Ruth Gledhill writes on Christian Today of the death of Dr John Hughes, Dean of Chapel at Jesus College, Cambridge. Aged just 35, he was from the academic Anglican-Catholic tradition and a leading thinker on a project set up by the Archbishops of Canterbury and York to examine Anglican social thought. Besides having developed a coherent intellectual response to the new atheism, he had studied and become an expert on Roman Catholic social teaching especially in relation to economics.

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28 June 2014: Faith debates: 'The future of the Church of England'
The Westminster Faith Debates sponsors have announced a series of 5 debates on the future of the Church of England, to be held in Oxford on five Thursdays from 9 October to 4 December. Debates about the future are rarely swayed by measurable data. We recall having attended debates a few decades ago about the future of urban transportation and the future of telephony that somberly agreed on outcomes making it obvious that no time travel had been involved.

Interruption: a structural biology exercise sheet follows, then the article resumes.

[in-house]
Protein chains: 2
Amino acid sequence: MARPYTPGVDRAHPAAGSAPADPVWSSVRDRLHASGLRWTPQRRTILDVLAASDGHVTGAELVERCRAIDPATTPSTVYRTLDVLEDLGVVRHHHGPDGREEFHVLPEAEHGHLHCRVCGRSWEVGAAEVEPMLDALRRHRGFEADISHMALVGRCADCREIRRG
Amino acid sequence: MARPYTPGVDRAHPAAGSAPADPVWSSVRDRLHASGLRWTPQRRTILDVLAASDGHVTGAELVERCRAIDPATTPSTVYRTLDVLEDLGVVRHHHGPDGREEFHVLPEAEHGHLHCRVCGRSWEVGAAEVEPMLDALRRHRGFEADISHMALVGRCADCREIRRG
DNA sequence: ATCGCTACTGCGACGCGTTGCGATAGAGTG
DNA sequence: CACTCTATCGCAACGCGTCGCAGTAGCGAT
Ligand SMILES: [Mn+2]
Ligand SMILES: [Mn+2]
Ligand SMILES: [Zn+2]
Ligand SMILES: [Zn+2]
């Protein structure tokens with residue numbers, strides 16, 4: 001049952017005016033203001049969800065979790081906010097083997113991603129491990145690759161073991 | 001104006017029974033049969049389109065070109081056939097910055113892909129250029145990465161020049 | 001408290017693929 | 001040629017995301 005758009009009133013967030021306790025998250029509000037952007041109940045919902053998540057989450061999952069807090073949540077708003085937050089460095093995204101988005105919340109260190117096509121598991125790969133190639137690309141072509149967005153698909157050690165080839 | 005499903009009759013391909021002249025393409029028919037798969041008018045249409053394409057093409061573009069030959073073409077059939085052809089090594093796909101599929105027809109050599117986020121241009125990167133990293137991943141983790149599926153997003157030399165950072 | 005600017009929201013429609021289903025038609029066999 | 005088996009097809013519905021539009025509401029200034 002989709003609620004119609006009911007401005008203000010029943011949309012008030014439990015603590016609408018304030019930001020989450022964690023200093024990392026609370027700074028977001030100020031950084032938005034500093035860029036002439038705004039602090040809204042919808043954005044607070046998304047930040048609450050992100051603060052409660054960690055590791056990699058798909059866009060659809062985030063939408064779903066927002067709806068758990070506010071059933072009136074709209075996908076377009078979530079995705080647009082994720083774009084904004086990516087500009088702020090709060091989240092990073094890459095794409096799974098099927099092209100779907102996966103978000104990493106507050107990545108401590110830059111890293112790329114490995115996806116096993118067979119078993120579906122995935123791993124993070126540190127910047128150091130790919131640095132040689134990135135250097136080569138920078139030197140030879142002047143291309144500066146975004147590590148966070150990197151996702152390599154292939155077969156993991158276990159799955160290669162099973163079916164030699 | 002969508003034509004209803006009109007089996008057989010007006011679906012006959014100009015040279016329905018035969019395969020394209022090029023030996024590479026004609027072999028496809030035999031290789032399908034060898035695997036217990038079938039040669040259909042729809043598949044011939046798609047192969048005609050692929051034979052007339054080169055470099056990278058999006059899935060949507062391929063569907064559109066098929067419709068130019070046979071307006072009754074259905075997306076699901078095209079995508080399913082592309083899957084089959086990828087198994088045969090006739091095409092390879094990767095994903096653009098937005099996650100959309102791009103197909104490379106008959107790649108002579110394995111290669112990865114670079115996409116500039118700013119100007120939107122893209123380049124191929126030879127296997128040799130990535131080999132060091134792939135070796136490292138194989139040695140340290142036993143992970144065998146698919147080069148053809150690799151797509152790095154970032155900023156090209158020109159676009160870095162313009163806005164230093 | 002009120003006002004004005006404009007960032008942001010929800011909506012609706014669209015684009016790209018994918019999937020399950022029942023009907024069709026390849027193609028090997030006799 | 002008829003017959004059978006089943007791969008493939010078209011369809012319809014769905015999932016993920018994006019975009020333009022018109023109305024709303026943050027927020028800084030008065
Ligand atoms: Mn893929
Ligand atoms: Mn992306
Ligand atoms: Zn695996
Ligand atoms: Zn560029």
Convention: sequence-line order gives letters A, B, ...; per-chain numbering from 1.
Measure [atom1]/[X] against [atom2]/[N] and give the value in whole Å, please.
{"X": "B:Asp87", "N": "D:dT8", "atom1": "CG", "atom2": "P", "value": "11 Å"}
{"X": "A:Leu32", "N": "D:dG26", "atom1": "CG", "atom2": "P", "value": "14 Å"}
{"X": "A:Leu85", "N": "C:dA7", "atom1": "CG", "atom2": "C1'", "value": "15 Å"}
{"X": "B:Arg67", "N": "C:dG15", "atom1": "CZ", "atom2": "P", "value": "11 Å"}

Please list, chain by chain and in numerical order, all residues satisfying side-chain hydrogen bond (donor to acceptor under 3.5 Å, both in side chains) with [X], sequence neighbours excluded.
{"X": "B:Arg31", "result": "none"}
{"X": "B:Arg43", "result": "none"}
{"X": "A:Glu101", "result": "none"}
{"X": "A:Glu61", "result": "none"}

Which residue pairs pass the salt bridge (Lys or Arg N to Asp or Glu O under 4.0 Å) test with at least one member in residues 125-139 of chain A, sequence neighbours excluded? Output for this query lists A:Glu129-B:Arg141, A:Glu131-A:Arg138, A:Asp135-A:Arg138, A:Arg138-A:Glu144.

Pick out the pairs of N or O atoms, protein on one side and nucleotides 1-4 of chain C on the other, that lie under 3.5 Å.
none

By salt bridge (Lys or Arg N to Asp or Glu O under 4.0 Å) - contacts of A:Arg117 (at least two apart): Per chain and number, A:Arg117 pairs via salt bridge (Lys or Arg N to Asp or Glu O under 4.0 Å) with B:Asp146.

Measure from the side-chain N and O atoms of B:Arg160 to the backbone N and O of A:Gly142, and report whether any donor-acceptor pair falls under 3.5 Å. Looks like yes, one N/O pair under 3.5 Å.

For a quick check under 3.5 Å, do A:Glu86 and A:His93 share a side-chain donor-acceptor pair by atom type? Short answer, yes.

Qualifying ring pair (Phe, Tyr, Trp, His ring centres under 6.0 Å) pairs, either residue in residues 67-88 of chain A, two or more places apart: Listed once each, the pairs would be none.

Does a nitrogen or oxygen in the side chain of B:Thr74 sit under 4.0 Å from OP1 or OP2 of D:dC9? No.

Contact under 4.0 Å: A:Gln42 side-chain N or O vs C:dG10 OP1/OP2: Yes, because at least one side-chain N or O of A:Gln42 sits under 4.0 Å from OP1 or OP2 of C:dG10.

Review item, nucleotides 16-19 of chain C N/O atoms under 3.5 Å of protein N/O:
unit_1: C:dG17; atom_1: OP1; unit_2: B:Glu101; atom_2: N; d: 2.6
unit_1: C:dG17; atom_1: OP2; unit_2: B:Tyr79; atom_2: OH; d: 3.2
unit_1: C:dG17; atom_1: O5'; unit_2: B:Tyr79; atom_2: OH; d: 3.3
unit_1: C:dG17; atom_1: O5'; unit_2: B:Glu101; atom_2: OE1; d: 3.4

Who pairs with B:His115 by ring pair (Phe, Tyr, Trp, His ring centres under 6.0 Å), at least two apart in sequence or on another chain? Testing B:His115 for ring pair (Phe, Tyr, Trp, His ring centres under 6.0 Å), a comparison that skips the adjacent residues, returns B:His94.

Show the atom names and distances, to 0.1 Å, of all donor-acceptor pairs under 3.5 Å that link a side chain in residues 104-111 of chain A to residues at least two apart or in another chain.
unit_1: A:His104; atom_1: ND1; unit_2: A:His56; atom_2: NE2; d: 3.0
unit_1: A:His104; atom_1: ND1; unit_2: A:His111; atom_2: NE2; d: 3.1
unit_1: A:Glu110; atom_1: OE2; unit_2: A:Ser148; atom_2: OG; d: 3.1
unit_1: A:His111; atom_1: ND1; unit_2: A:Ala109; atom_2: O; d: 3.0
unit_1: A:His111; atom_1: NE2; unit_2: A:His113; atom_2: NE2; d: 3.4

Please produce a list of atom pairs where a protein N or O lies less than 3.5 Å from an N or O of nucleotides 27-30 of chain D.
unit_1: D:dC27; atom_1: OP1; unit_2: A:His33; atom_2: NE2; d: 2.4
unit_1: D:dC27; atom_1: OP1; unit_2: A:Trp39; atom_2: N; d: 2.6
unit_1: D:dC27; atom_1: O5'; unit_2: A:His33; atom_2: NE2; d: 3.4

28 June 2014: Anglican Church of Australia elects new primate
The Anglican Church of Australia has elected the Most Revd Dr Phillip Freier, currently Archbishop of Melbourne, as its new primate. Its own website is in disarray, but the Sydney Morning Herald has good coverage of Dr Freier's election. This article from 18 June in the Brisbane Times sketches some of the challenges that he will face as he takes on this new job without being able to step down from his previous job.

26 June 2014: New bishop for Church of England Diocese of Winchester